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For backward compatibility purpose I would like to know a layout of my database, i.e. which tables are incorporated in my database, for each table which columns are included, etc.

The sqlite_master table contains only table information. Theoretically I have access to this metadata information through SQLite API such as sqlite3_column_database_name, sqlite3_column_table_name, sqlite3_column_origin_name.

Could I have a direct SQL query to receive this data or it is stored internally?

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The sqlite_master table contains the description of what tables there are. It doesn't list what tables or columns you're actually using; SQLite doesn't comprehend that at all. –  Donal Fellows Aug 2 '11 at 10:35
May be I explained unclearly: I don’t want to know “what tables or columns I am actually using”, I would like to receive “the description of what tables there are” and which columns are included in these tables. –  Ilia Aug 2 '11 at 12:21

2 Answers 2

up vote 2 down vote accepted

Well it's not stricly speaking SQL, but it is accessible as SQL in all sqlite implementations I know of:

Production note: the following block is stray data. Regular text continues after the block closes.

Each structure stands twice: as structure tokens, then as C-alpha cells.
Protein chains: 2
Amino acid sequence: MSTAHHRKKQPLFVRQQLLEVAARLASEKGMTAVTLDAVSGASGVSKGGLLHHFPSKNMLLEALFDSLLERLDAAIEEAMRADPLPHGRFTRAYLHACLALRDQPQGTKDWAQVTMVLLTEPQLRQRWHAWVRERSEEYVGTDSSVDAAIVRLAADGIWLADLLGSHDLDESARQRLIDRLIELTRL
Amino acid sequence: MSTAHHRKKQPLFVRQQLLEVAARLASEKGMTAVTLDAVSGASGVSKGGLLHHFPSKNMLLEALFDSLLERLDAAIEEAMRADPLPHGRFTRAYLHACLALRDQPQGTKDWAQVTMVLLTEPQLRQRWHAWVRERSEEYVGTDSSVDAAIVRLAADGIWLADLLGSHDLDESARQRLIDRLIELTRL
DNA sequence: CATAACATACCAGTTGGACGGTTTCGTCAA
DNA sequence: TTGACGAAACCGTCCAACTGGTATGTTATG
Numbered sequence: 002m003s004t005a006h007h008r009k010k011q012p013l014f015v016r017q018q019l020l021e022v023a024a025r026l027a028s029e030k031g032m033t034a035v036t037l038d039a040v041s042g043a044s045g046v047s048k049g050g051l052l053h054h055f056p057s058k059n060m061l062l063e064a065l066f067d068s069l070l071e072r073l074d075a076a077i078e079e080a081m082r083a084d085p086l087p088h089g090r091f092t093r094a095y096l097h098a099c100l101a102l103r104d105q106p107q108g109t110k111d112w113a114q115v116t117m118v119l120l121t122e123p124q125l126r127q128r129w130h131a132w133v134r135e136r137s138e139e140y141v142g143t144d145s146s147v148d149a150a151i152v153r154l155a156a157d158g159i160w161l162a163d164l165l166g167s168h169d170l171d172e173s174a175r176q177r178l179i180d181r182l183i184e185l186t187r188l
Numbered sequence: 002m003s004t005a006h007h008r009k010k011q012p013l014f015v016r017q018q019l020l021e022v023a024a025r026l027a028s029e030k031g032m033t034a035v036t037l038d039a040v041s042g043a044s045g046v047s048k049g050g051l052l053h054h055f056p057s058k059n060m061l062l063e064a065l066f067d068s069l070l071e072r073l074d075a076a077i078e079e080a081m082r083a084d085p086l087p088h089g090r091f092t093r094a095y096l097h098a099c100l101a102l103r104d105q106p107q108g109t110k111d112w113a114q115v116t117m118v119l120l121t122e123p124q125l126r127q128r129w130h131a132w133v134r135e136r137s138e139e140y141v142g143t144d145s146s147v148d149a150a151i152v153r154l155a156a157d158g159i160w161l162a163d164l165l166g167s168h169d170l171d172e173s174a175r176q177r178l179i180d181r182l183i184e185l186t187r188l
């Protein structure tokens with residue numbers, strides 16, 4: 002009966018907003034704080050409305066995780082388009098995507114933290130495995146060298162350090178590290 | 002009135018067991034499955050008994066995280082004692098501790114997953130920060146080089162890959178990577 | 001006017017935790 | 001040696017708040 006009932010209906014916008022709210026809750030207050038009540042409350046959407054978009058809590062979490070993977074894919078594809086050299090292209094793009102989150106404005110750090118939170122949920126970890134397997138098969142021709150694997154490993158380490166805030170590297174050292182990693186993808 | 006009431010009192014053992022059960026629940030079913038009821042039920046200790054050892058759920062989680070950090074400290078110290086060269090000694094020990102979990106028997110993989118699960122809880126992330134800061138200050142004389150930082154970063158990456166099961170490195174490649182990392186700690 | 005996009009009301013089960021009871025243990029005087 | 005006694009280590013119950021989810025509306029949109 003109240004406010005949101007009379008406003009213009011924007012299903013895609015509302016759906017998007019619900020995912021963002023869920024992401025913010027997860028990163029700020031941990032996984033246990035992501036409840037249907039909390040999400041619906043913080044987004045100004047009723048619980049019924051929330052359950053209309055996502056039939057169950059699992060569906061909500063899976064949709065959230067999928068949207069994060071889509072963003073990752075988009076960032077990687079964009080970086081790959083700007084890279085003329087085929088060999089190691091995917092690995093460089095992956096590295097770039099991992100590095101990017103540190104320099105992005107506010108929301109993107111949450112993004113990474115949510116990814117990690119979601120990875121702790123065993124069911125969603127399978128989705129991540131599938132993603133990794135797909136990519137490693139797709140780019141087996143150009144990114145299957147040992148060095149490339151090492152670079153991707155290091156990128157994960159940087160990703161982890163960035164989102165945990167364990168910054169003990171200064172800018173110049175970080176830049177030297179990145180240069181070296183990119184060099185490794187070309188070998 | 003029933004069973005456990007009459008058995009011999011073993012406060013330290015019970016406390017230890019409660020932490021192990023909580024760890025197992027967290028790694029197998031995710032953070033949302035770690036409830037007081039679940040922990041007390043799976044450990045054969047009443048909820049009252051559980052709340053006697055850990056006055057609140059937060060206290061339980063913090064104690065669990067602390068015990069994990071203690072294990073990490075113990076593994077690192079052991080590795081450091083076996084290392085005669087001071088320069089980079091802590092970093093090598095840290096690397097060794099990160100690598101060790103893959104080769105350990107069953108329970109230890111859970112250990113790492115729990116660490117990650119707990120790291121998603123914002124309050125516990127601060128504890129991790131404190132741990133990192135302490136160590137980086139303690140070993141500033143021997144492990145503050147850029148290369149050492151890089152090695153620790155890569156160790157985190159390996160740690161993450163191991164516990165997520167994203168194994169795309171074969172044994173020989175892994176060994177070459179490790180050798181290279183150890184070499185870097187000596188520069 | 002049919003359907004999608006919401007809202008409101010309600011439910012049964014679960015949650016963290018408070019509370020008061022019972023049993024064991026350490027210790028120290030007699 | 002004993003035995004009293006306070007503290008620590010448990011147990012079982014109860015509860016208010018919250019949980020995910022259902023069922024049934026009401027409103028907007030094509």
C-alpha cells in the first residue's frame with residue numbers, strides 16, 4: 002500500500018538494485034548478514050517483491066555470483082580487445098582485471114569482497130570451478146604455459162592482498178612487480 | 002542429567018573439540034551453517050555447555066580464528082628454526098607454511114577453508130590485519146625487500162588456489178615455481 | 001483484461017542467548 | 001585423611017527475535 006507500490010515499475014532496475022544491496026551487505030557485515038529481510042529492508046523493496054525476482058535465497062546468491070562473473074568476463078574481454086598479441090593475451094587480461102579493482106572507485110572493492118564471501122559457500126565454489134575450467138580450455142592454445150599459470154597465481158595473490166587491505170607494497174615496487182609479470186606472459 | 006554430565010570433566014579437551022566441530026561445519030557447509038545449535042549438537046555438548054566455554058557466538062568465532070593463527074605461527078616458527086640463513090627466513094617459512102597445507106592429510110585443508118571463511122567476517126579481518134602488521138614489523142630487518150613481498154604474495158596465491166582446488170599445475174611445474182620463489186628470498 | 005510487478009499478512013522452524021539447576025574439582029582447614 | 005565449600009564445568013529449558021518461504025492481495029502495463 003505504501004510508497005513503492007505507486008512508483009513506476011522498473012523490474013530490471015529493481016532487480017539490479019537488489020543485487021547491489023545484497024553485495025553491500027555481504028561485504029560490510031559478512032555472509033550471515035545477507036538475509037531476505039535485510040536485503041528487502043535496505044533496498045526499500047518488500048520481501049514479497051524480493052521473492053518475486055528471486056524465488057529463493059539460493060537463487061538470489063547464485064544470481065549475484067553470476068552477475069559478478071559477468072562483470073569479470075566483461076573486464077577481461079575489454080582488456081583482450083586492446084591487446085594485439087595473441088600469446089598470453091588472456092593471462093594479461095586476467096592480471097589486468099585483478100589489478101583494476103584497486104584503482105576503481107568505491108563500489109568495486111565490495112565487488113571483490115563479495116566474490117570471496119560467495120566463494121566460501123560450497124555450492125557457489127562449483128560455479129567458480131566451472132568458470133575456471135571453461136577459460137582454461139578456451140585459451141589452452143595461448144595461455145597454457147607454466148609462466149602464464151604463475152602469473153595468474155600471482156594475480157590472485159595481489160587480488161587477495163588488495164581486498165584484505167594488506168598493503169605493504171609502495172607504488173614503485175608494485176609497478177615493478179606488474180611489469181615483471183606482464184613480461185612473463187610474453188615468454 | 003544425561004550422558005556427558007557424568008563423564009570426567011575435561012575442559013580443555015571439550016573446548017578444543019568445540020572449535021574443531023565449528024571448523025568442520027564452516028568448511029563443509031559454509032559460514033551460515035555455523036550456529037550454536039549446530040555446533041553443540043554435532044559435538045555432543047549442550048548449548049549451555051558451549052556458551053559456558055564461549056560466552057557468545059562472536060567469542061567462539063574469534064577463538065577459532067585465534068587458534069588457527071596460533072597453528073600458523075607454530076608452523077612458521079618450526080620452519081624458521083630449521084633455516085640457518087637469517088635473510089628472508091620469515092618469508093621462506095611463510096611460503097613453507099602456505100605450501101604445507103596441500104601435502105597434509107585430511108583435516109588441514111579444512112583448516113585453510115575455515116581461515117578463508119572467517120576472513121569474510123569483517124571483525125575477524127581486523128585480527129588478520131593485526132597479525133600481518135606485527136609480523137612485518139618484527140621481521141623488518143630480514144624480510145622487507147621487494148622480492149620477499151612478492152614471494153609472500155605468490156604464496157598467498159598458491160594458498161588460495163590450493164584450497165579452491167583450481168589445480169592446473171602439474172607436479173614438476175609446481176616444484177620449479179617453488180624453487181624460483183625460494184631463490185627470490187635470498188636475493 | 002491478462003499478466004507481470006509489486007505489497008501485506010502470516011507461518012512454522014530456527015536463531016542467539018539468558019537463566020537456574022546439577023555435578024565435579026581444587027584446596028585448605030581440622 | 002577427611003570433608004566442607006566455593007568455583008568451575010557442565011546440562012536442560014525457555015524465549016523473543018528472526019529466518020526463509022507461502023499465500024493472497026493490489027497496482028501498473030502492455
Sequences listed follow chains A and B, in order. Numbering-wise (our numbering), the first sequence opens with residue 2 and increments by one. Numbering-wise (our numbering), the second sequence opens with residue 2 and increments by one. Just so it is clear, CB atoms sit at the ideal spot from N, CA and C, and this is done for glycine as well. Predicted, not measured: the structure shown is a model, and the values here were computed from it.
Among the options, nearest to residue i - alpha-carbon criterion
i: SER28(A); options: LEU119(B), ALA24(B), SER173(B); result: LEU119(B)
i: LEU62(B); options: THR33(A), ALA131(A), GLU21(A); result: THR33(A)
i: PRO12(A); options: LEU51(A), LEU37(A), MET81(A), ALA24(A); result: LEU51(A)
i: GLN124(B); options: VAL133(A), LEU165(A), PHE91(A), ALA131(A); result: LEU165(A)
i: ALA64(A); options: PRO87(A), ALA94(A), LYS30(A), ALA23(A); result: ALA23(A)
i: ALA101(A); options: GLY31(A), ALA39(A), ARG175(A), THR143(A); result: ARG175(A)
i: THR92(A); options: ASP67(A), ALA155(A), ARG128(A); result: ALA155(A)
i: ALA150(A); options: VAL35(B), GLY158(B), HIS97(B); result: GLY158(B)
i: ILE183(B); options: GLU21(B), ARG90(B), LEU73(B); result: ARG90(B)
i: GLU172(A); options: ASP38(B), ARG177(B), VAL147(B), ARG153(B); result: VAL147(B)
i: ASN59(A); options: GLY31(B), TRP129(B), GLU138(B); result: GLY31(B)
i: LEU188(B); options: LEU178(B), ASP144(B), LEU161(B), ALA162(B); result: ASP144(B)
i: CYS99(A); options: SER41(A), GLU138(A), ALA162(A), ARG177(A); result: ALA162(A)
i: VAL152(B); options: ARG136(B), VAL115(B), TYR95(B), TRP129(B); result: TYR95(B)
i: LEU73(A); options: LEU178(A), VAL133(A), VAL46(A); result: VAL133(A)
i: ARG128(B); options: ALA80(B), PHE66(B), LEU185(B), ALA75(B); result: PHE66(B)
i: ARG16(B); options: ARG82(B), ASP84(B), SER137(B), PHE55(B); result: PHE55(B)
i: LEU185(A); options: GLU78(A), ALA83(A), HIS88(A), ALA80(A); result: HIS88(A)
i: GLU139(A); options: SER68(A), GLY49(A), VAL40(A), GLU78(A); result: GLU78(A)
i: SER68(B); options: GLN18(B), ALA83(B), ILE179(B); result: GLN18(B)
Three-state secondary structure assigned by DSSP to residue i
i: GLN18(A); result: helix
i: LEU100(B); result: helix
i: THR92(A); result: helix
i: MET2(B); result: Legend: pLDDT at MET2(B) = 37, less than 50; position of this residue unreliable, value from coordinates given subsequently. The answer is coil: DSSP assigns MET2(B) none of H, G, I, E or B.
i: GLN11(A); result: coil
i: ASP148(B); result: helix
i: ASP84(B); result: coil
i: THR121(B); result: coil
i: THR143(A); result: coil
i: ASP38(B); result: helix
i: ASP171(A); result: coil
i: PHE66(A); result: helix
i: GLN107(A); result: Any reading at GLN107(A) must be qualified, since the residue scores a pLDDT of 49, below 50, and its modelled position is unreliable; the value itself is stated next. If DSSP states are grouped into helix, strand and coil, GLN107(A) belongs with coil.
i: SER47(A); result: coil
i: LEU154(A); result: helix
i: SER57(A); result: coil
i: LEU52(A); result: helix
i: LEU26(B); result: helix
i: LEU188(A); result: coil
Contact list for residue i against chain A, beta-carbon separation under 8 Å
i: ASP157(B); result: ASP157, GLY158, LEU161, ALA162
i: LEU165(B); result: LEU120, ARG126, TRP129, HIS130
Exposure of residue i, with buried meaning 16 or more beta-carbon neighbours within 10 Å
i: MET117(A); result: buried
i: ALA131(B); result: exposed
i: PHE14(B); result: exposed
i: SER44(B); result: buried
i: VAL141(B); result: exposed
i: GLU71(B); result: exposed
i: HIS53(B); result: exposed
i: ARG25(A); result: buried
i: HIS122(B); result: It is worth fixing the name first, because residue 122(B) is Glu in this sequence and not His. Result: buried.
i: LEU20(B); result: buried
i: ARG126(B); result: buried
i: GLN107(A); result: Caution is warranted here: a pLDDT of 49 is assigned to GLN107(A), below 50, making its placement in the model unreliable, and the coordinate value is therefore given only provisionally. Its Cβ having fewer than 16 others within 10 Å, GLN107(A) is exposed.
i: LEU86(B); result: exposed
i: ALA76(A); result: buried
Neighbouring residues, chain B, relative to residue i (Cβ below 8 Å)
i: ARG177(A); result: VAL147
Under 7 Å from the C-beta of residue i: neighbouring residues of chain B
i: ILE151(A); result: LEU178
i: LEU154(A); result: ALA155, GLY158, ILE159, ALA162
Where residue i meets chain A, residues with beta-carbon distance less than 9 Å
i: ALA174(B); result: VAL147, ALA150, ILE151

An example:

sqlite> .headers on
sqlite> .mode column
sqlite> pragma table_info('foo');
cid         name        type        notnull     dflt_value  pk        
----------  ----------  ----------  ----------  ----------  ----------
0           id          INTEGER     0                       1         
1           text1       TEXT        1                       0         
2           text2       TEXT        0                       0         
3           boolean1    BOOLEAN     1                       0         
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Thank you very much. It is what I am looking for and this approach works! –  Ilia Aug 8 '11 at 12:44
Thanks, .mode column is exactly what I am searching for to make the select result easy to read –  zhihong Feb 19 at 10:17

I would like to receive “the description of what tables there are”

I'm mot sure what you mean by that.

You can get the SQL statements necessary to re-create your schema with .schema.

sqlite> .schema
CREATE TABLE a (n integer);
CREATE TABLE b (n integer);

Also, .dump will give you those same SQL statements, and it will add INSERT statments to reproduce the data.

If part of what you want is just a list of tables, then .tables will do that for you.

Documentation (scroll down to "Special commands . . .")

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.schema and .tables is only shortcut for SELECT sql FROM sqlite_master; and SELECT name FROM sqlite_master WHERE type='table'; accordingly (Of course real used statement is more sophisticated – check your reference –  Ilia Aug 8 '11 at 13:01

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